TT Epaper
The Telegraph
 
IN TODAY'S PAPER
WEEKLY FEATURES
CITIES AND REGIONS
ARCHIVES
Since 1st March, 1999
 
THE TELEGRAPH
 
 
CIMA Gallary

Lens on the Great Game

It would perhaps not be an exaggeration to say that visual artists do not usually write about their oeuvre — and when they do, the reader gets an amazing glimpse into the workings of creative minds. Although apparently not a pleasant man, the photographer, Samuel Bourne, had a facile pen that brough...   | Read..
 
Letters to the Editor
The poor men in black
Sir — The Indian Railways has prescribed the uniform of black coats and blazers for its employees a ...  | Read.. 
 
False values
Sir — India claims to be on the verge of becoming a global superpower. Yet atrocities against women ...  | Read.. 
 
Pay to pray
Sir — On June 28, I drove to the Kali temple with my wife and children. There were no No-Entry boar ...  | Read..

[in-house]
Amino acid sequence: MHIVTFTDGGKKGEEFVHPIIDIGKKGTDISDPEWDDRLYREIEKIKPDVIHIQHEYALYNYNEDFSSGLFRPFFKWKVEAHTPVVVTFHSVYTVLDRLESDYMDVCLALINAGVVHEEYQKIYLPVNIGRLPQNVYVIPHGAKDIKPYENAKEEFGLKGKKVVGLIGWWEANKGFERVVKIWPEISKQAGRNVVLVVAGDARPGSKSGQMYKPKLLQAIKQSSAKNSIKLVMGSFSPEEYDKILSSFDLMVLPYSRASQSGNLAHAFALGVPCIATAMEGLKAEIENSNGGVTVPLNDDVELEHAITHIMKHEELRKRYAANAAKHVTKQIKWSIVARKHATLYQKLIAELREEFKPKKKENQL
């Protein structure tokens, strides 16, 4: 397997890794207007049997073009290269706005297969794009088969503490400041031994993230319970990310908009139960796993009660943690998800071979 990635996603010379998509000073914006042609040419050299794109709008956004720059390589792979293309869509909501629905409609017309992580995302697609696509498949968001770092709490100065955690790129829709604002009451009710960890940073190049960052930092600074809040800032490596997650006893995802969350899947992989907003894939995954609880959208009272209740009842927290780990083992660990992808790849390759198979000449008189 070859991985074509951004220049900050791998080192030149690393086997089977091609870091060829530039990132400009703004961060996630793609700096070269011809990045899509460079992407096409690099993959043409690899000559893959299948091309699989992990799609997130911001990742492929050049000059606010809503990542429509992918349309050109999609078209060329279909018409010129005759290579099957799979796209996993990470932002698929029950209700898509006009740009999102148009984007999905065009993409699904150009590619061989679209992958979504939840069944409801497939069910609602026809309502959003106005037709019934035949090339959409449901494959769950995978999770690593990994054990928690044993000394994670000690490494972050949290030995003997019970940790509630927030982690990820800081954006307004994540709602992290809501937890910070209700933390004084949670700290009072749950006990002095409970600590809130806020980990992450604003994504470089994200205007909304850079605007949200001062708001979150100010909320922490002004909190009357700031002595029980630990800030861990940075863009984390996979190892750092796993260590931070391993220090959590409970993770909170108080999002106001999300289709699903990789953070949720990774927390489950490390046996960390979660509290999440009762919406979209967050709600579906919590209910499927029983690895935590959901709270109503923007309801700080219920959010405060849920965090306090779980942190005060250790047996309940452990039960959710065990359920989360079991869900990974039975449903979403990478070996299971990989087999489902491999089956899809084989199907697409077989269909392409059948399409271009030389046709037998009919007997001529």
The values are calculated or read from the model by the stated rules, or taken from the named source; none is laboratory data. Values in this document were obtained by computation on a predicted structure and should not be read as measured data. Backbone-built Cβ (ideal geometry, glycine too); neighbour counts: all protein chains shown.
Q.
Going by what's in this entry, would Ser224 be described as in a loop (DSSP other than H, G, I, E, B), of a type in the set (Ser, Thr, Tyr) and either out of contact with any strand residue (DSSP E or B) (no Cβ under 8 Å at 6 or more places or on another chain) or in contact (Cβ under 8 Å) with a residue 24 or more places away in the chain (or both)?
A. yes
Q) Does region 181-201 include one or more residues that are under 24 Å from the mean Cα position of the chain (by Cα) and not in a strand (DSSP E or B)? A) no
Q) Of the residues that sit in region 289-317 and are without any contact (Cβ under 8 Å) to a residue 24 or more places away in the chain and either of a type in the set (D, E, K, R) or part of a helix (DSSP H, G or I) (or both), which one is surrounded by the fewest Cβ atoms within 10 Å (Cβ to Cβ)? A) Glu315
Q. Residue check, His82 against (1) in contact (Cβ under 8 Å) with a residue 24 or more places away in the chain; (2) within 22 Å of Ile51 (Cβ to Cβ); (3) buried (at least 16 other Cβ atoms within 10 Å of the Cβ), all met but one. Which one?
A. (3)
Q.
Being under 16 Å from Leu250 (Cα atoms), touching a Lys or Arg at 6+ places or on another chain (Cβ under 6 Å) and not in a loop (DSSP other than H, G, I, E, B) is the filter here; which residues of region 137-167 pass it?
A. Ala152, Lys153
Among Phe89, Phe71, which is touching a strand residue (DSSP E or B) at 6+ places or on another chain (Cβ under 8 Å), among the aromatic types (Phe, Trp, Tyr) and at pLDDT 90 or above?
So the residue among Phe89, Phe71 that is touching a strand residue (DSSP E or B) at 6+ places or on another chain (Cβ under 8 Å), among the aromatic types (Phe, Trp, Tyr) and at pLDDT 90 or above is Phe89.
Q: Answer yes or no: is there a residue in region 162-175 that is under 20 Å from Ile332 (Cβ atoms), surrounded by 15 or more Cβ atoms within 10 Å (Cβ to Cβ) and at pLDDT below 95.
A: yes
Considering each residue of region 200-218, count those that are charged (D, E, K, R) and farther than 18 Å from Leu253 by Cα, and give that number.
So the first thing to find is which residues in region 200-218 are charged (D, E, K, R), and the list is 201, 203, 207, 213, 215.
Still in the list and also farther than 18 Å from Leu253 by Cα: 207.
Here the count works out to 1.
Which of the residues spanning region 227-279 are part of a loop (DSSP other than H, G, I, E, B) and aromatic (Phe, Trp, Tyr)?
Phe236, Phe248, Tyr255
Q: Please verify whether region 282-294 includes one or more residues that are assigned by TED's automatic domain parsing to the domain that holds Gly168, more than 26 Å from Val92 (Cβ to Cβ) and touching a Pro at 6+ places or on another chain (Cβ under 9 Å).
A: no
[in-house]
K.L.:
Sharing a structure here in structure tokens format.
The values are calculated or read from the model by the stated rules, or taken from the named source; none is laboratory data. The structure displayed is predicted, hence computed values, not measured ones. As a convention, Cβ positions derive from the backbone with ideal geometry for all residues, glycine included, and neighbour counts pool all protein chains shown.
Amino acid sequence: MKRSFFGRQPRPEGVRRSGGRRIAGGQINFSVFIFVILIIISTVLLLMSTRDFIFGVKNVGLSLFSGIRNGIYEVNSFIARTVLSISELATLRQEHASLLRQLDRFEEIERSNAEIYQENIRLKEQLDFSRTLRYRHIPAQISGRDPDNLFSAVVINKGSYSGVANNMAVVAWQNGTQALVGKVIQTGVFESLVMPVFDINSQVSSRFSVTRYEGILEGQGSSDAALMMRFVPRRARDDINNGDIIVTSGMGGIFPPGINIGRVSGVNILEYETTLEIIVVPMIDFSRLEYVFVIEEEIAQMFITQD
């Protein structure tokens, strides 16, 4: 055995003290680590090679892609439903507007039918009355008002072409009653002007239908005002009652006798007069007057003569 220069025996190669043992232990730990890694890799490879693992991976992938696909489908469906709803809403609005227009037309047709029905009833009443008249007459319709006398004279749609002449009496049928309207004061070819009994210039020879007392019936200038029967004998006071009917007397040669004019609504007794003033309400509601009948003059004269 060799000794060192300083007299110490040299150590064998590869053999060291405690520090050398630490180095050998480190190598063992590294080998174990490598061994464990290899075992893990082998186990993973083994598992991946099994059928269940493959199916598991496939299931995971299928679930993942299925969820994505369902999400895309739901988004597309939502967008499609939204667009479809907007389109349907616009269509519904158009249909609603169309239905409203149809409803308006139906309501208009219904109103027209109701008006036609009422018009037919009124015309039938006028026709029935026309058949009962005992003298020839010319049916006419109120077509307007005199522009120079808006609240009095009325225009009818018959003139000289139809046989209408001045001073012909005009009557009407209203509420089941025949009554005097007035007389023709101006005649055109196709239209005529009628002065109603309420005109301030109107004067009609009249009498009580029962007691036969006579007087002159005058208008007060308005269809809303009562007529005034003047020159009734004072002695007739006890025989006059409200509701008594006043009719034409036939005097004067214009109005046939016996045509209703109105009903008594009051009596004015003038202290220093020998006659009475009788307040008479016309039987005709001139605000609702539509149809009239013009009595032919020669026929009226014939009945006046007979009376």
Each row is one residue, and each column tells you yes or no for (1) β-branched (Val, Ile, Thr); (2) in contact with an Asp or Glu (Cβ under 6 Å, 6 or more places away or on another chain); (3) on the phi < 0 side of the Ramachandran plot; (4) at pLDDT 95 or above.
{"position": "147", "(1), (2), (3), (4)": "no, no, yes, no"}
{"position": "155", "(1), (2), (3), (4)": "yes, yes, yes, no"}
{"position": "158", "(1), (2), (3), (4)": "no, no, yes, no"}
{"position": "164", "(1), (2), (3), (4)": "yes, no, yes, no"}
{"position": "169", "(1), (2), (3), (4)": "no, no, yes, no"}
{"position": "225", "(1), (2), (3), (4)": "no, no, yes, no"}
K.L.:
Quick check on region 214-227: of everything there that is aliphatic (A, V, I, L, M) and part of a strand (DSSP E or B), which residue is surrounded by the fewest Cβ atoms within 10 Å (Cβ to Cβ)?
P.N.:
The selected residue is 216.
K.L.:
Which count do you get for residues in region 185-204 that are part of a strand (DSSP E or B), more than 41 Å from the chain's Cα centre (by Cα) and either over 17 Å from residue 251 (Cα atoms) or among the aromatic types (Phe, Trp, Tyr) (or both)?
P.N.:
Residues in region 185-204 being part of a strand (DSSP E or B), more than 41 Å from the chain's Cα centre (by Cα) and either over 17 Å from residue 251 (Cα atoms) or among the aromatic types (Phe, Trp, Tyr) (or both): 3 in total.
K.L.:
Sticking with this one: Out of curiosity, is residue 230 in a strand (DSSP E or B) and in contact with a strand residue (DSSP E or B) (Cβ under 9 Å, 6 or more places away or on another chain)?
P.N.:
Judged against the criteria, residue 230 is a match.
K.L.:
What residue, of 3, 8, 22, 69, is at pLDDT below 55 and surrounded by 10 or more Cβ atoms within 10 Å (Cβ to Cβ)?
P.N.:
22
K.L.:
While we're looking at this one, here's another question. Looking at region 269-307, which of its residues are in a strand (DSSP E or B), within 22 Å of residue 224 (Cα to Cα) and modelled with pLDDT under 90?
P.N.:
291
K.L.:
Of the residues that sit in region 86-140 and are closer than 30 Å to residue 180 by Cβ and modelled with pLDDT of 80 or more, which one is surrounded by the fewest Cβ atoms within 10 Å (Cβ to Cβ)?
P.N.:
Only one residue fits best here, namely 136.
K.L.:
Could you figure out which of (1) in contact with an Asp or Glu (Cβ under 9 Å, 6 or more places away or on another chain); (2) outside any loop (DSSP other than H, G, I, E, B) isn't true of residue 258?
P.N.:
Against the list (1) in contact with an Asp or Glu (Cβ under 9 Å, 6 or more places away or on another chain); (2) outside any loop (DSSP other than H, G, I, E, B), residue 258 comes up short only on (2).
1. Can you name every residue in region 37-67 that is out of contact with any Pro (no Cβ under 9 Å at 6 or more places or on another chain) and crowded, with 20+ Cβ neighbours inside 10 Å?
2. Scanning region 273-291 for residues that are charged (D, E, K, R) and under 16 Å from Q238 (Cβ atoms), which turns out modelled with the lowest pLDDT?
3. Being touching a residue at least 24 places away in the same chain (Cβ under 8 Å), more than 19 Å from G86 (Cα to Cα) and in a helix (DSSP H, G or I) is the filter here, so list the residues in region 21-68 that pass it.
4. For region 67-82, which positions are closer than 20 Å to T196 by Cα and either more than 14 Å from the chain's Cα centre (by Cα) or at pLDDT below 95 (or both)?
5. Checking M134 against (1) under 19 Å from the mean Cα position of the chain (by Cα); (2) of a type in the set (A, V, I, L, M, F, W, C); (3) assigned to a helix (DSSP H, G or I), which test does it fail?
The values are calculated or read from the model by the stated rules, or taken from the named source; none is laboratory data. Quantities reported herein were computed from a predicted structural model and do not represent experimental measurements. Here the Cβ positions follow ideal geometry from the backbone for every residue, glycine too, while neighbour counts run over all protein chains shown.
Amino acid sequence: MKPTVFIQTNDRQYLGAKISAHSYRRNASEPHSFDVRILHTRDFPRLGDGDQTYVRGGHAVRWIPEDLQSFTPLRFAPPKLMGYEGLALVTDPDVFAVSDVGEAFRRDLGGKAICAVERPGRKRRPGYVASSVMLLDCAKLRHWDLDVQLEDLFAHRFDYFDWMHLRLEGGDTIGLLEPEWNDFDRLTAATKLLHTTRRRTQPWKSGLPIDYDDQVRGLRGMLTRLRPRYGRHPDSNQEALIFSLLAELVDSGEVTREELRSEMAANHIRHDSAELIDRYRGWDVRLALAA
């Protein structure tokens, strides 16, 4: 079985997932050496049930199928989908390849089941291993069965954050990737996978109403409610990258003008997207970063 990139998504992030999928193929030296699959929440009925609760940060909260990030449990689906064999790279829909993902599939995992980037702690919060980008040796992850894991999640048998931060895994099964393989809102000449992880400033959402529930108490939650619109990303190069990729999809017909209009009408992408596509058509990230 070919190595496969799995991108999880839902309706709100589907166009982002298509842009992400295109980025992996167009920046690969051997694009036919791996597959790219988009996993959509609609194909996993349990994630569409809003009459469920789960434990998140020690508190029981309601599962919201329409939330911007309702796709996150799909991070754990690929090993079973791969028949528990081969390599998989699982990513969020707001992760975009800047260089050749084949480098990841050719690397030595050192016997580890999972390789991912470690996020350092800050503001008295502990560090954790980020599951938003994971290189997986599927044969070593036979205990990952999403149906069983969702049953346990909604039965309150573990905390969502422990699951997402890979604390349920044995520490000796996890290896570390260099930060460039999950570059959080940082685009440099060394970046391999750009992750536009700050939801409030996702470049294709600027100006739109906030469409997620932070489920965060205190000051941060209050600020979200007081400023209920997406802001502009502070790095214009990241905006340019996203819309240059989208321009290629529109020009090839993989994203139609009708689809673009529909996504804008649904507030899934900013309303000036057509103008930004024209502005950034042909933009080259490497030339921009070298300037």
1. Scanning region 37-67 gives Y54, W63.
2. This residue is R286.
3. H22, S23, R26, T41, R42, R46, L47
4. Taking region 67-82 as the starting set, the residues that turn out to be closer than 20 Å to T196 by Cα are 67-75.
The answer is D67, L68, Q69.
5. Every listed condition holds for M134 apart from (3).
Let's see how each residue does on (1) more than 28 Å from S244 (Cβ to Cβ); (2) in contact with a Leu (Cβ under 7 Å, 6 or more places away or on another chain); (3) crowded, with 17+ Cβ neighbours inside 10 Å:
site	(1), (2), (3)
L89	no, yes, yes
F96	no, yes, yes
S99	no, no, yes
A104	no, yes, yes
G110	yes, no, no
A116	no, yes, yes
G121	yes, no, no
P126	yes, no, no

EDITORIAL

DREAM HELD IN THE HAND

If god did indeed make the world, Steve Jobs transformed it. When Alexander Bell invented the telephone, and Alan Turing’s ...   | Read..
 
DIARY
 
bullet Pure magic
bullet Fond memories
bullet Number game
bullet Old habit
bullet Perfect hosts
bullet Witty star
SCRIPSI
Anybody can look at a pretty girl and see a pretty girl. An artist can look at a pretty girl and see the old woman she will become. A better artist can look at an old woman and see the pretty girl that she used to be. But a great artist — a master — and that is what Auguste Rodin was — can look at an old woman, portray her exactly as she is... and force the viewer to see the pretty girl she used to be... and more than that, he can make anyone with the sensitivity of an armadillo, or even you, see that this lovely young girl is still alive, not old and ugly at all, but simply prisoned inside her ruined body. He can make you feel the quiet, endless tragedy that there was never a girl born who ever grew older than eighteen in her heart... no matter what the merciless hours have done to her. — ROBERT A. HEINLEIN